There is agreement among former players that a lot of basketball jerseys which should be hanging in Kansas University's Allen Fieldhouse aren't there.
Some additions should be made as soon as possible, while the honorees can still show up and be feted properly. I don't mean a begging job for moody Wilt Chamberlain, but people who deserve and will appreciate the occasion.
A number of guys who know far more about KU basketball than I ever will think one of the first such additions should be the shirt of Ferdinand Pralle, better known as Fred. Fred's now about 80 and living in Florida. The good news is that some very important and influential people are working to give this outstanding KU alum his due.
Word is that coach Roy Williams and former KU coach Dick Harp have a local hand in the proceedings. I know that in the Kansas City area people like Dr. Bob Allen, son of the Fabulous Phog, and former football-basketball All-American Ray Evans have firm shoulders behind the wheel.
People who knew Pralle as a Jayhawk and saw him play here and later with the Phillips Oilers contend Fred was as great a player as basketball produced in the 1930s. Harp, a sophomore in 1938 when Pralle was a senior, contends that Fred under the proper conditions could have been the Michael Jordan of his day.
"The best word for him is 'magnificent,'" the admiring Harp will tell you. "Mercy, if he had been playing in today's climate where you can train the year around and compete and perfect your skills all the time, no telling what might have happened. He was about 6-3, strong, quick, had every physical trait you could want in a player, and was as fierce a competitor as I've ever seen."
Dr. Allen, a well-known surgeon and a KU star in his own right in the 1939-40 glory days, is every bit the Pralle fan.
"It seems to me that somewhere along the line, we've lost sight of the great players at Kansas in the 1930s. There were many, but Pralle was absolutely as outstanding as any man I have ever seen on a basketball court."
"He made all-conference in 1936, 1937 and 1938 at Kansas, won All-America status and then went down and was all-AAU at least six times, maybe more, for Phillips. That's when AAU basketball was the best thing in the world, superior to the then-NBA," Allen told me during a recent Kansas City conversation.
"Fred's jersey should be up there in the fieldhouse. There are a lot of others, too, but the first addition should be Pralle. My god, what a star! He played on several teams that had only marginal talent. ... he personally could carry them to victory. Kansas won the Big Six title all three seasons he played here."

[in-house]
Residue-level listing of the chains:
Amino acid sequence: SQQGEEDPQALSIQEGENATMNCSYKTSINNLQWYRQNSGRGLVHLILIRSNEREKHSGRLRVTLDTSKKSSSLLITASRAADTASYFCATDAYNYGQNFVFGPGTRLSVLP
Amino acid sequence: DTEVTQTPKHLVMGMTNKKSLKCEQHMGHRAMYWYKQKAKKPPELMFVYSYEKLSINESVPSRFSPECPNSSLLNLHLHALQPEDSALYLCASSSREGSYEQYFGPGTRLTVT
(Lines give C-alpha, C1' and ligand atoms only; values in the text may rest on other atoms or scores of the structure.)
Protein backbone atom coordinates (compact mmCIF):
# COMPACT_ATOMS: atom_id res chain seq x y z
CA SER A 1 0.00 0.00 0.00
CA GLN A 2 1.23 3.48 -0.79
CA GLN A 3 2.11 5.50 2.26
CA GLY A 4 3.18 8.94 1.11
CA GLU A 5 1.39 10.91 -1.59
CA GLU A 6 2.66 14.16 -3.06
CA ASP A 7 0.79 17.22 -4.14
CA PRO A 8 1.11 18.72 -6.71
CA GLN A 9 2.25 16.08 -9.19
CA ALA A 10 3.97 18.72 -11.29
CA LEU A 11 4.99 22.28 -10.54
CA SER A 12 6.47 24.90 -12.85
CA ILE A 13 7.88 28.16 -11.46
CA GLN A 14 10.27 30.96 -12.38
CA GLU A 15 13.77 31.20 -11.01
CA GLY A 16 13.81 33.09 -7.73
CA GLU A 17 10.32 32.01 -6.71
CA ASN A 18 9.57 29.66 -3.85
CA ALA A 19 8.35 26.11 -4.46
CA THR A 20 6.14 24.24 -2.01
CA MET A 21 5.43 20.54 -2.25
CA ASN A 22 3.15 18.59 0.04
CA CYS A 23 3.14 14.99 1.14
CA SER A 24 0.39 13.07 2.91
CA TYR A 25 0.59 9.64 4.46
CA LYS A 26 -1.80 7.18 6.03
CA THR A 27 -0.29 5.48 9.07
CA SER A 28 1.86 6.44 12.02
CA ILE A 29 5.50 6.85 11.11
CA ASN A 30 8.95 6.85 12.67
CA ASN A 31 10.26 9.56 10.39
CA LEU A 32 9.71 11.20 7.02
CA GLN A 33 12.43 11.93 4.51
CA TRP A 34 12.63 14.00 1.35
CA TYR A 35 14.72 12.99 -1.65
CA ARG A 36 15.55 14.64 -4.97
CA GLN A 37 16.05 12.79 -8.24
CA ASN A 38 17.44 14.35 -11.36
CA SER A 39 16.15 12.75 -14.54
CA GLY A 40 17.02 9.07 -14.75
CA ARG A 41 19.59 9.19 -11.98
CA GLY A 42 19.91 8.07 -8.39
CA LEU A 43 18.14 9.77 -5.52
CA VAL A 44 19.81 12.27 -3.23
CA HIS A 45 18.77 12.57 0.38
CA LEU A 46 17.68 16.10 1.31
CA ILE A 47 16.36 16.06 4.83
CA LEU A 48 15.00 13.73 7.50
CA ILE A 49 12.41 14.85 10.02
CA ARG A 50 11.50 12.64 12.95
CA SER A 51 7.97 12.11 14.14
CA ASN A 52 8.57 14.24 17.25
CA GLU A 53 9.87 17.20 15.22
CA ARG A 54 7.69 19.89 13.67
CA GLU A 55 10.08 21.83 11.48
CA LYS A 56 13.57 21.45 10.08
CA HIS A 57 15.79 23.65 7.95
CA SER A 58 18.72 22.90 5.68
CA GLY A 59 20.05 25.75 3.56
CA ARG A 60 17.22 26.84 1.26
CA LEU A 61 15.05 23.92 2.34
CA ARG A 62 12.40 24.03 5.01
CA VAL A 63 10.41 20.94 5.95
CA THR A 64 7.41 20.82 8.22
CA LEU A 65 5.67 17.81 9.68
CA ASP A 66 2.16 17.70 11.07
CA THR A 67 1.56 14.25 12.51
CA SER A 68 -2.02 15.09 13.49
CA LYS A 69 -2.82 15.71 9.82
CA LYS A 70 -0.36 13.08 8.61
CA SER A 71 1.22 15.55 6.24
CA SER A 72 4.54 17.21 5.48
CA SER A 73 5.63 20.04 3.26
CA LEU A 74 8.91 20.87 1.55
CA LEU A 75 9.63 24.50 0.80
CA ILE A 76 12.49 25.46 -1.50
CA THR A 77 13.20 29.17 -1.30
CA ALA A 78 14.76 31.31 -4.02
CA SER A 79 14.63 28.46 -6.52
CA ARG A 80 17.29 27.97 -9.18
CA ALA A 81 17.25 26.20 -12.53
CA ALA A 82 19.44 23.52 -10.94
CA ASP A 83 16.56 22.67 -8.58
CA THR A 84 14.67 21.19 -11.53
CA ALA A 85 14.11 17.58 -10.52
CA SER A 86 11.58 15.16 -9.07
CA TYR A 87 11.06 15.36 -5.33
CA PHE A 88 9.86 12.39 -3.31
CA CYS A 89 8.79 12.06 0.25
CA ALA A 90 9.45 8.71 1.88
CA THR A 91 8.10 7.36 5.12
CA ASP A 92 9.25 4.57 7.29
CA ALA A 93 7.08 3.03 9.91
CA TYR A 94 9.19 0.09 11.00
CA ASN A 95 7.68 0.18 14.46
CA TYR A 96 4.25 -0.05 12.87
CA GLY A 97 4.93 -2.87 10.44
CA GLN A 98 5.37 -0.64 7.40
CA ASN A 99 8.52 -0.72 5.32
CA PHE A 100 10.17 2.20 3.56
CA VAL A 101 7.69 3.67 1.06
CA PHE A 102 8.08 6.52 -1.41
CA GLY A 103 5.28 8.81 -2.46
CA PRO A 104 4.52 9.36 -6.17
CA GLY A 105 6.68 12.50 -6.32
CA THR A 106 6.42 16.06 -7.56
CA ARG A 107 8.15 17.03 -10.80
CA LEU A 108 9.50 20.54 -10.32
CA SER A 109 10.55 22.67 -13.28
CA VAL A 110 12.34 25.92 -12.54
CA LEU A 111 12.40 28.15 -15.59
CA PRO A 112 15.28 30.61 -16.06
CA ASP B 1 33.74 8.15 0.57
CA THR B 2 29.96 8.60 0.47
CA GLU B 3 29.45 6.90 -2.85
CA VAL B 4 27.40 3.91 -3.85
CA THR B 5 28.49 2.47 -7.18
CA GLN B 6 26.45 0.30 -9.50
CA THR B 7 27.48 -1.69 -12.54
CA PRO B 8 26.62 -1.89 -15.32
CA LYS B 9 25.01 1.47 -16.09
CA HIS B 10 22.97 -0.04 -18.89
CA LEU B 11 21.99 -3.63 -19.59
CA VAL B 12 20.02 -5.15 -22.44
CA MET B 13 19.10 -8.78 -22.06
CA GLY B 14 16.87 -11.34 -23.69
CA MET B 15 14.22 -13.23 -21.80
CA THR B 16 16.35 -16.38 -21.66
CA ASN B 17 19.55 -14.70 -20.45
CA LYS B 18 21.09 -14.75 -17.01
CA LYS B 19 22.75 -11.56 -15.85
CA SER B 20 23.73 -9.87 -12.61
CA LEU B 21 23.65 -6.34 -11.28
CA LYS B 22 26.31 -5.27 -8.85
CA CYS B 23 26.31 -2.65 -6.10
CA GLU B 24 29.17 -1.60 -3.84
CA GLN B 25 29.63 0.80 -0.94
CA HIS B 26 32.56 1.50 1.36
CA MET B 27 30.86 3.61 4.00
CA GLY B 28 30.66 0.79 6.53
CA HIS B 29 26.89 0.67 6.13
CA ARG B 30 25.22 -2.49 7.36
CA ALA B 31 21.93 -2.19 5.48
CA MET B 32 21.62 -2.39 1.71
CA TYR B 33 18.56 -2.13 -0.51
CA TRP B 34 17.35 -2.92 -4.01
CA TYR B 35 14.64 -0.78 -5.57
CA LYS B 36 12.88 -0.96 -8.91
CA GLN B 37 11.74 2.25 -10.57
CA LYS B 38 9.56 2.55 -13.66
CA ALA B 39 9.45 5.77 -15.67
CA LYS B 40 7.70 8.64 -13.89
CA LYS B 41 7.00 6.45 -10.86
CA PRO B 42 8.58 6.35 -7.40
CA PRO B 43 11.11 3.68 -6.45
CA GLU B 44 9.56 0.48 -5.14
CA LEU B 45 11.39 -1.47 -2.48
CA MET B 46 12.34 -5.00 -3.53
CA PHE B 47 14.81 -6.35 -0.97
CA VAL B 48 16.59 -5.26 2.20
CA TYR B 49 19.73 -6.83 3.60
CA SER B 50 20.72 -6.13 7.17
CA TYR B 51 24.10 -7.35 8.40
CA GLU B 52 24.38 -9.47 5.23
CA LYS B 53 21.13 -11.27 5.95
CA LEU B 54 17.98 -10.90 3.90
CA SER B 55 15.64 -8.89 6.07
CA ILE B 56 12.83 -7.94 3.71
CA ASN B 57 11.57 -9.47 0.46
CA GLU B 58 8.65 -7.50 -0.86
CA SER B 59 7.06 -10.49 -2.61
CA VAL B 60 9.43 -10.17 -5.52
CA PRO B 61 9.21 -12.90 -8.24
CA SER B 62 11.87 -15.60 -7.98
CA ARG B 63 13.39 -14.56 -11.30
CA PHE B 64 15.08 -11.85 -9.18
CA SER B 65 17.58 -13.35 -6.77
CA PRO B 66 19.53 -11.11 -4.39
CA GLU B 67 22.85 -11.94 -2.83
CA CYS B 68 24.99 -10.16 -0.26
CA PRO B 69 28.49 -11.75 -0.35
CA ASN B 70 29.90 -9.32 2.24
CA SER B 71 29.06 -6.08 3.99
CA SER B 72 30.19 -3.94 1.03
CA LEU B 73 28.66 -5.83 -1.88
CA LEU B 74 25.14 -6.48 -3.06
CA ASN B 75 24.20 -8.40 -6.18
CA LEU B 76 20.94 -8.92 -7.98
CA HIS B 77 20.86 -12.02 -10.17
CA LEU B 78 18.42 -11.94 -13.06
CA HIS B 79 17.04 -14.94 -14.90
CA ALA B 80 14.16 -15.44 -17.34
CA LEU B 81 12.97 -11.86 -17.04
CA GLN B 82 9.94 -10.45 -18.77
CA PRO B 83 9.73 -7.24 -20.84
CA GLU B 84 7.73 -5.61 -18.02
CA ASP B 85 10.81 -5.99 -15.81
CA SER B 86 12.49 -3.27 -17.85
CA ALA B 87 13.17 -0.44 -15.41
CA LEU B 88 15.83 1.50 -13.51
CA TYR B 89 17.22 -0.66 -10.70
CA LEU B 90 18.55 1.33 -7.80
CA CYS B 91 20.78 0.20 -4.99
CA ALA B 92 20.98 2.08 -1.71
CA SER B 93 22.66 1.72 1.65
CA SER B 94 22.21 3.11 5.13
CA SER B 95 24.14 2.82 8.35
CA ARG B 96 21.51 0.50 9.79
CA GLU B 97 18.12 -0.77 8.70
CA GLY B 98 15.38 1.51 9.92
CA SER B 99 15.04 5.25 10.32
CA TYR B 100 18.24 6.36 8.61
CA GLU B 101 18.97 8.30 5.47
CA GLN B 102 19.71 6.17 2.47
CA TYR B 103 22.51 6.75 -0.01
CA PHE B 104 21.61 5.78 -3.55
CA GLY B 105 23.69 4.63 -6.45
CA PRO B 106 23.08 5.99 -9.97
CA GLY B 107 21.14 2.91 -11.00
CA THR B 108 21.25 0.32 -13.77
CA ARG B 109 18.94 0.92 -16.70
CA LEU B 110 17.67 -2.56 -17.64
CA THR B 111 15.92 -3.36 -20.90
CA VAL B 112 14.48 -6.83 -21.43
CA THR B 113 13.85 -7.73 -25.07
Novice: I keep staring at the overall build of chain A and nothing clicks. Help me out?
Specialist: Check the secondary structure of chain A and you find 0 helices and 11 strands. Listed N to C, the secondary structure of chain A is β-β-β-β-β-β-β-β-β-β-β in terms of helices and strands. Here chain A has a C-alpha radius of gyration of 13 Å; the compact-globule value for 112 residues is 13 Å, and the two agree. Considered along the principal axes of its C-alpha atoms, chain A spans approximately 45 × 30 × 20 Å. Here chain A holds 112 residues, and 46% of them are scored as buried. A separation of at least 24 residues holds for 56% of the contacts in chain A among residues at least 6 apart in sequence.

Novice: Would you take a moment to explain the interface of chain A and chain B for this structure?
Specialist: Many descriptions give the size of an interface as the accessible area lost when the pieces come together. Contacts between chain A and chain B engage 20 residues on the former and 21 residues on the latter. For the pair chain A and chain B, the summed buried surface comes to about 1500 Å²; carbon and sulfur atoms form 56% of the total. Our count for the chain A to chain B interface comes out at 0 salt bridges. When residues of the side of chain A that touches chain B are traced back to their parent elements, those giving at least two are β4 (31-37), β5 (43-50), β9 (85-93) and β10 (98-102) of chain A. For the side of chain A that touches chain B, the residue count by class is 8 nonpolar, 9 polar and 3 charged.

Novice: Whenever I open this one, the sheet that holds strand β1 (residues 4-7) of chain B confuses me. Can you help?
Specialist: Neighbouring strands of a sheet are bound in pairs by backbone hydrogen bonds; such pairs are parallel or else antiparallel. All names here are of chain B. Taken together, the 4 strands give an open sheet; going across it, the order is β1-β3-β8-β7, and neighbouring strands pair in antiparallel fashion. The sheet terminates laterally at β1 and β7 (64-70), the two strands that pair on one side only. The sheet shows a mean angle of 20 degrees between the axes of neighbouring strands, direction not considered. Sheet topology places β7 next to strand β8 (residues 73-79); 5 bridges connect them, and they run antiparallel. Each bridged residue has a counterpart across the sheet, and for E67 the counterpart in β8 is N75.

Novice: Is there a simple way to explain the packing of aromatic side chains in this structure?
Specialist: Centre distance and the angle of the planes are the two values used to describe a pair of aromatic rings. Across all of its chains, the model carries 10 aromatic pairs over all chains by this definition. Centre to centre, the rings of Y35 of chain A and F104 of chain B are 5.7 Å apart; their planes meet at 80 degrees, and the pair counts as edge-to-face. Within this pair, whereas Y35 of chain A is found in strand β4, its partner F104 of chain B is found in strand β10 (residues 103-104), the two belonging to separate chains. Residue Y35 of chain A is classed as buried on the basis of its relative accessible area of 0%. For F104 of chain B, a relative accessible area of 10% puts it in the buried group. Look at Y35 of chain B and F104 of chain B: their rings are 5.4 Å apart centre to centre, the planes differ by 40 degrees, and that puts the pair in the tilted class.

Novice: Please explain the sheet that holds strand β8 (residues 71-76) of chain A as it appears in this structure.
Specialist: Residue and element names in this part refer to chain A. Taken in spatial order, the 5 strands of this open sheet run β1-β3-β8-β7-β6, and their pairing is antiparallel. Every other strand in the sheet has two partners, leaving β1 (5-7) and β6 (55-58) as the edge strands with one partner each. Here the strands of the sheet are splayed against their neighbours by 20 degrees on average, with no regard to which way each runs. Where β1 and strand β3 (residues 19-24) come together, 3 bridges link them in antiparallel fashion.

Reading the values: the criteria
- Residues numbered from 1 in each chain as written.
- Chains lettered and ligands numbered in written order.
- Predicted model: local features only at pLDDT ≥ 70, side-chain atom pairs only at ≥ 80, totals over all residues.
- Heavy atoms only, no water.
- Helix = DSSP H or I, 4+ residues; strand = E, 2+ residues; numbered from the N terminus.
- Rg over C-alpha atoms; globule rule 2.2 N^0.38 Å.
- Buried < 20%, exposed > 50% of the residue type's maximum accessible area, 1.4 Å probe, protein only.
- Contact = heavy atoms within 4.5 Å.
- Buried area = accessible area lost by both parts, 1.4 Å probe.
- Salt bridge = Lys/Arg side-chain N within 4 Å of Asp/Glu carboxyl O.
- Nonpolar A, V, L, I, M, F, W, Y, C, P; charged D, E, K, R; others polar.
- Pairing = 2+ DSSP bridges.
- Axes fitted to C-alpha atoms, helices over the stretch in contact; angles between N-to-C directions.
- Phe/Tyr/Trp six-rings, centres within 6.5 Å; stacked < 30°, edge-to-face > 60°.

Allen played at Lawrence High and was on his dad's KU freshman team the year Pralle was a senior.
"We all were in awe of Fred. When we scrimmaged the varsity we never could deal with him," Allen said. "But one night I was feeling pretty cocky and decided I'd try to show him a few tricks of my own. Fred drove for the basket and as he went by I bumped him just enough to knock him off balance so he missed the shot.
"He ran a semi-circle and cut back over the area where I was and looked me dead in the eye. I can't repeat what he said, but he made it clear that 'Sonny Boy' better never, ever even think of trying that again."
Dr. Allen recalls the night Pralle had a horribly swollen ankle and Kansas didn't have a prayer of winning without him.
"Doc (dad Phog) taped a basketweave pattern on the ankle as tight as Fred could stand it." Allen commented. "Even so, Pralle could not put the full weight on his taped foot and spent the whole game, without relief, playing on his one good leg and tiptoeing on the injured one. He controlled the game despite that. I've never seen a guttier performance on behalf of a team. If Fred Pralle's jersey isn't up there pretty soon, there's something terribly wrong with the selection process."
One thing that often is overlooked about the incredible repertoire of Phog Allen is that he was a widely sought and accomplished osteopath -- and why he became one.
When Phog got the coaching bug, he also deduced that the way to win the most games was to get the best players you could and then get and keep them in the best possible physical condition. He was a master at dealing with athletic injuries and repeatedly figured out ways to heal performers. There still are people in Lawrence, none of them even athletes, who swear that treatments by "Doc" were almost magic.
The late Don Ebling used to tell about the time he hurt a knee in a Friday night football game at Lindsborg. They told him his career as an athlete was finished. But his coach brought Don, his knee swollen the size of a basketball, to see Phog the very next day. Allen did some mumbo-jumbo, waved his wand (oh, those marvelous hands) and Ebling played football the next Friday night. Then he played football and basketball at KU.
But enough for the medical report. Let's give Fred Pralle the honor he deserves while he can be here to savor the event.